Meet the cobbler who taught himself to make shoes

The Chronicle

Sukulwenkosi Dube-Matutu, Matabeleland South Bureau Chief

LAWRENCE Tshuma, a cobbler and shoemaker first attempted to repair a damaged shoe when he was a 10-year-old.

Coming from a poor background, Tshuma’s parents could not afford to buy him a new pair. He had no choice but to repair his worn out school shoes, though he did a shoddy job, to ensure that he always had shoes on his feet.

The 40-year-old, who is from the Mzimuni area in Gwanda, said his first attempt at mending his shoes was to patch a hole. He used a wire as a makeshift needle, used a piece of cloth as a patch and used a strand from a sack as a twine.

Tshuma gradually became better at repairing his shoes and his family noticed. Before he knew it members of his family started giving him their shoes to repair at home.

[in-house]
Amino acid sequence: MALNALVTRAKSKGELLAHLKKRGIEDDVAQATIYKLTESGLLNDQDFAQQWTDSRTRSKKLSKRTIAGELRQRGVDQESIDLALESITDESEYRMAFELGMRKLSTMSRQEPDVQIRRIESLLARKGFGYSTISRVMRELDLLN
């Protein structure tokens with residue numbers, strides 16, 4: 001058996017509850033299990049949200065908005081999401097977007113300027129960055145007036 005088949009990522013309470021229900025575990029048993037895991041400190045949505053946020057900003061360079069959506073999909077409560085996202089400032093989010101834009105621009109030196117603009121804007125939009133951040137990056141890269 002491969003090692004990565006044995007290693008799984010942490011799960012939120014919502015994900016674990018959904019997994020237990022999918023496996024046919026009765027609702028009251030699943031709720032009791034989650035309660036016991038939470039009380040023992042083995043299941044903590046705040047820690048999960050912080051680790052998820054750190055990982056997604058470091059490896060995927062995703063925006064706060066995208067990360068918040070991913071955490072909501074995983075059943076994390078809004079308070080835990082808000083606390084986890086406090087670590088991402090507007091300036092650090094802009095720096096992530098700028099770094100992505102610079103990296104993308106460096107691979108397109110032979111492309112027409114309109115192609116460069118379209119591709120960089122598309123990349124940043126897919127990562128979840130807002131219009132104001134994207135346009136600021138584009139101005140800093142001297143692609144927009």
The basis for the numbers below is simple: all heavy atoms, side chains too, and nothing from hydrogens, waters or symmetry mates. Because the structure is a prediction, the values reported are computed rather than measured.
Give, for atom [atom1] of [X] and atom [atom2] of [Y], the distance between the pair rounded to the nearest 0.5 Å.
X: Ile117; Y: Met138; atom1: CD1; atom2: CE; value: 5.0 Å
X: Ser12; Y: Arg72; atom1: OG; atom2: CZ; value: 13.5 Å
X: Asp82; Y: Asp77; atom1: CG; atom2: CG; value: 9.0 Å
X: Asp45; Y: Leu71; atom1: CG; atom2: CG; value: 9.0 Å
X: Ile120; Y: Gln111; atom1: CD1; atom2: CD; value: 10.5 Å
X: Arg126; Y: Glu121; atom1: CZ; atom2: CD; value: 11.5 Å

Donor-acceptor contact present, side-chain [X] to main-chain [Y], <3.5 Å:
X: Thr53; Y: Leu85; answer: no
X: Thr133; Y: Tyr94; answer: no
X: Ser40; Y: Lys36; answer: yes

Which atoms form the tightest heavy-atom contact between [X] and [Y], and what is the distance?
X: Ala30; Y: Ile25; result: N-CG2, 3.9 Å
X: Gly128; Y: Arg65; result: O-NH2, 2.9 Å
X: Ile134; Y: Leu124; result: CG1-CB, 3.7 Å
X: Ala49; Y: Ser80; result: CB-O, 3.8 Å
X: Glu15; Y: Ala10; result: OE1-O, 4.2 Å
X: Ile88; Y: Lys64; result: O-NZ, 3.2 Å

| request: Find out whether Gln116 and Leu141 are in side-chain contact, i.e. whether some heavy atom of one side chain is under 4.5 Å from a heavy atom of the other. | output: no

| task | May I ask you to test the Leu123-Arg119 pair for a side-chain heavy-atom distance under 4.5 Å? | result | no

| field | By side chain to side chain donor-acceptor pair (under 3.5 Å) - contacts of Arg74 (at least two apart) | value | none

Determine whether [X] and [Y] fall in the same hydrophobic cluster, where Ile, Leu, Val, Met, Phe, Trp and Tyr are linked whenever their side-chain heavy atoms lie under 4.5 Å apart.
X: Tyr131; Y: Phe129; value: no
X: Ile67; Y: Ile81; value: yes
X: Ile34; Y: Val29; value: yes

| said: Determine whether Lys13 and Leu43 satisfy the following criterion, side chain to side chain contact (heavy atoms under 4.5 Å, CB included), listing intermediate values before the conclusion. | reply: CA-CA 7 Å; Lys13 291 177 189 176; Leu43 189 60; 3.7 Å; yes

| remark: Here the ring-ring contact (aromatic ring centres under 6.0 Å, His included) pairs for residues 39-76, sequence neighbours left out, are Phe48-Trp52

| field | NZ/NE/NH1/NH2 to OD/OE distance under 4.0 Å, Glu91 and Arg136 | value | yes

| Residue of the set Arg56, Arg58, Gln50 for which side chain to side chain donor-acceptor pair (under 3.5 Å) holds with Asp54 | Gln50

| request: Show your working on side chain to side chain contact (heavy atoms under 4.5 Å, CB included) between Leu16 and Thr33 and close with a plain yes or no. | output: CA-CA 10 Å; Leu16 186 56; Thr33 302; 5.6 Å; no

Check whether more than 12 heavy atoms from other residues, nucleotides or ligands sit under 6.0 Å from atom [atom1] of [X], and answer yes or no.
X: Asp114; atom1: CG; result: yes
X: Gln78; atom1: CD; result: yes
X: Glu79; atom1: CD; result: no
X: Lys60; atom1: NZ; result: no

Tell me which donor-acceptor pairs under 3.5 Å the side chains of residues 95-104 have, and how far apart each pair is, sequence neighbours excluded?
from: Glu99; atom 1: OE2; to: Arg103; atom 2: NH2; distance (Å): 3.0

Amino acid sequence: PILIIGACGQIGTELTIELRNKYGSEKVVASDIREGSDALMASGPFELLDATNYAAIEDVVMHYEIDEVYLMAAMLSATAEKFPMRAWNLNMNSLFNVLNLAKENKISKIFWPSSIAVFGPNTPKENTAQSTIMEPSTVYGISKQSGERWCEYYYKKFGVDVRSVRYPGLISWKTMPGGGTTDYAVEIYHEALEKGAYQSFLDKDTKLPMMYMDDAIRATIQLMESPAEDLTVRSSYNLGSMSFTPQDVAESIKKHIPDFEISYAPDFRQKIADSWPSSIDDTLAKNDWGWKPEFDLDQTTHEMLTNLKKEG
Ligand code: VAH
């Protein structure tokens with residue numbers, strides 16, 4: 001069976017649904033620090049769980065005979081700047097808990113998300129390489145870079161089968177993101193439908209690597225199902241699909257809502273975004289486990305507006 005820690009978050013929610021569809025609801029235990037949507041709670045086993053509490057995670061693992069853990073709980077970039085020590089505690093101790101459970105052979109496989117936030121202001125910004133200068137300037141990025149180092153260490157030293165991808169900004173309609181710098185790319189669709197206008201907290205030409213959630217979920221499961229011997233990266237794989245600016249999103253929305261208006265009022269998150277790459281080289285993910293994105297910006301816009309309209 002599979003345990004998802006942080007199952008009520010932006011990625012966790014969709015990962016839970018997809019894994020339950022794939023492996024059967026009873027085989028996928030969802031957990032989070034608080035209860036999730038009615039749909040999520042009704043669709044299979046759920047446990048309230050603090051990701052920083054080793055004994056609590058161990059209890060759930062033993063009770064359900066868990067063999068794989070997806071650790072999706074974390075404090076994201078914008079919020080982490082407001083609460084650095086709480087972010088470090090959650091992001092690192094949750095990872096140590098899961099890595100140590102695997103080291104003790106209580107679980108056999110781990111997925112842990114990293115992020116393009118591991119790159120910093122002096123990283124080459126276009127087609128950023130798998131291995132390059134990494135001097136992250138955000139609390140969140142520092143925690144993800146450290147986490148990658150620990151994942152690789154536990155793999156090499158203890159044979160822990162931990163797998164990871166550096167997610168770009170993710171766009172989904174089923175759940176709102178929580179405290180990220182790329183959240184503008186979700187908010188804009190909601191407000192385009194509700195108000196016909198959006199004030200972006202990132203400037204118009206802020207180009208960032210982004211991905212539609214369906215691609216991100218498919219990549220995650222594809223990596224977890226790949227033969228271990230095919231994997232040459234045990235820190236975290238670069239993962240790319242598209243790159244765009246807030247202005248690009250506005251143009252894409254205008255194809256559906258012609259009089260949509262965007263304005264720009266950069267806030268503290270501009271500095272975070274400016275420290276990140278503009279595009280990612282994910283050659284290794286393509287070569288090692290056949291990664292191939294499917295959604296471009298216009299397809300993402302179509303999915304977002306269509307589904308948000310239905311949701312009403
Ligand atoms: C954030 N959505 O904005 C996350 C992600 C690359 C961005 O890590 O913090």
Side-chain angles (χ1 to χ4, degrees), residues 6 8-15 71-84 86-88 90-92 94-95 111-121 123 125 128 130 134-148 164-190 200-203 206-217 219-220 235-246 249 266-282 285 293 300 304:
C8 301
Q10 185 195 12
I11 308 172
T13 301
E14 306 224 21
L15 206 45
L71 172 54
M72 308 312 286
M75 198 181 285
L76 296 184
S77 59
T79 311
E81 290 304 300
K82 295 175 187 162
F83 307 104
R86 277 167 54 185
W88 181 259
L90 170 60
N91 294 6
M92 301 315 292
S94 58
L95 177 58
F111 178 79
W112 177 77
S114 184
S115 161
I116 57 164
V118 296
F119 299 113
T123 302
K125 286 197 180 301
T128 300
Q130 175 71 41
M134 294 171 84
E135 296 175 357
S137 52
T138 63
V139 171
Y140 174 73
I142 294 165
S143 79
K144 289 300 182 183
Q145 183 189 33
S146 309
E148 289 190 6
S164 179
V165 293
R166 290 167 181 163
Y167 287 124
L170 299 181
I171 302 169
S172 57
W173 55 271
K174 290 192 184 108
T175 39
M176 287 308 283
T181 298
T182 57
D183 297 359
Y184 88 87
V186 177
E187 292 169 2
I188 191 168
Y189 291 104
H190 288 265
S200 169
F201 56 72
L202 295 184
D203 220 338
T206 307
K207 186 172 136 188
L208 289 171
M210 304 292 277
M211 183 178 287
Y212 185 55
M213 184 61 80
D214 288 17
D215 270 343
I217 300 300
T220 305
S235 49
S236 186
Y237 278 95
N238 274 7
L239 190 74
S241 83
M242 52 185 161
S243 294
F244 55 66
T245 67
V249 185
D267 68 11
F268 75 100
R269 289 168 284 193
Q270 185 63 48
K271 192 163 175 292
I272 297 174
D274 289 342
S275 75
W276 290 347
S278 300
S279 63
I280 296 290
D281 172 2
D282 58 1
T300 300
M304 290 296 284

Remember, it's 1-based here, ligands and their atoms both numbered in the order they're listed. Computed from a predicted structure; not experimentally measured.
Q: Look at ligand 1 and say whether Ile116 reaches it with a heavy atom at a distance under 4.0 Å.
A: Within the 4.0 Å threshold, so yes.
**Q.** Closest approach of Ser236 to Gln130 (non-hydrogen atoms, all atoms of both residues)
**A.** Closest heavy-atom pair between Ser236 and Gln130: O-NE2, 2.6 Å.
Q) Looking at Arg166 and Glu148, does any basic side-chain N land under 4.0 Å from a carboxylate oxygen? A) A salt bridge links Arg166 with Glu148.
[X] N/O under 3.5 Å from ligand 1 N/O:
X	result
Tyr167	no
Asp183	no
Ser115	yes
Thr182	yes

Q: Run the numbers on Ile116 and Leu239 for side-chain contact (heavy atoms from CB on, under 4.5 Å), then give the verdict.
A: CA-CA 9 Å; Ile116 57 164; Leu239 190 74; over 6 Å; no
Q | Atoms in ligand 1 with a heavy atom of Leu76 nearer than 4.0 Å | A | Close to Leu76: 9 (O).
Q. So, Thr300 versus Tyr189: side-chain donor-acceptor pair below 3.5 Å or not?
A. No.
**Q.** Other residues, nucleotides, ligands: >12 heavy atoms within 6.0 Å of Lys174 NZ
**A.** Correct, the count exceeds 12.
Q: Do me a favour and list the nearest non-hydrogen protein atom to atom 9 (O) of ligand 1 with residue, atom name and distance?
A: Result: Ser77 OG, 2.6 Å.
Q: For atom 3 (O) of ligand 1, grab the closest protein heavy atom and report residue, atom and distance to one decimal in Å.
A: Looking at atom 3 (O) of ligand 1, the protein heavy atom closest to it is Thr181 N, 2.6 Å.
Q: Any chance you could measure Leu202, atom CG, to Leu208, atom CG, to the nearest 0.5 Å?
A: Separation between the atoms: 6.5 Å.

The Gwanda-based cobbler said he started his business of repairing shoes in 2004 while he was operating underneath a tree.

“I started shoe repairing as a business in 2004 but before that I started repairing my own shoes at a young age. My first attempt was in Grade Seven. I was raised by a single mother in the rural community of Mzimuni area in Gwanda. My mother couldn’t afford to buy me a new pair of shoes each time they got torn or worn out,” he said.

“This pushed me to learn how to repair my own shoes. I made a needle out of a wire and I used a strand from a sack. My first attempt was terrible but as I continued to repair my shoes the more I improved. When I moved to Gwanda Town I started off as a vendor and then I moved to shoe repairing. I started

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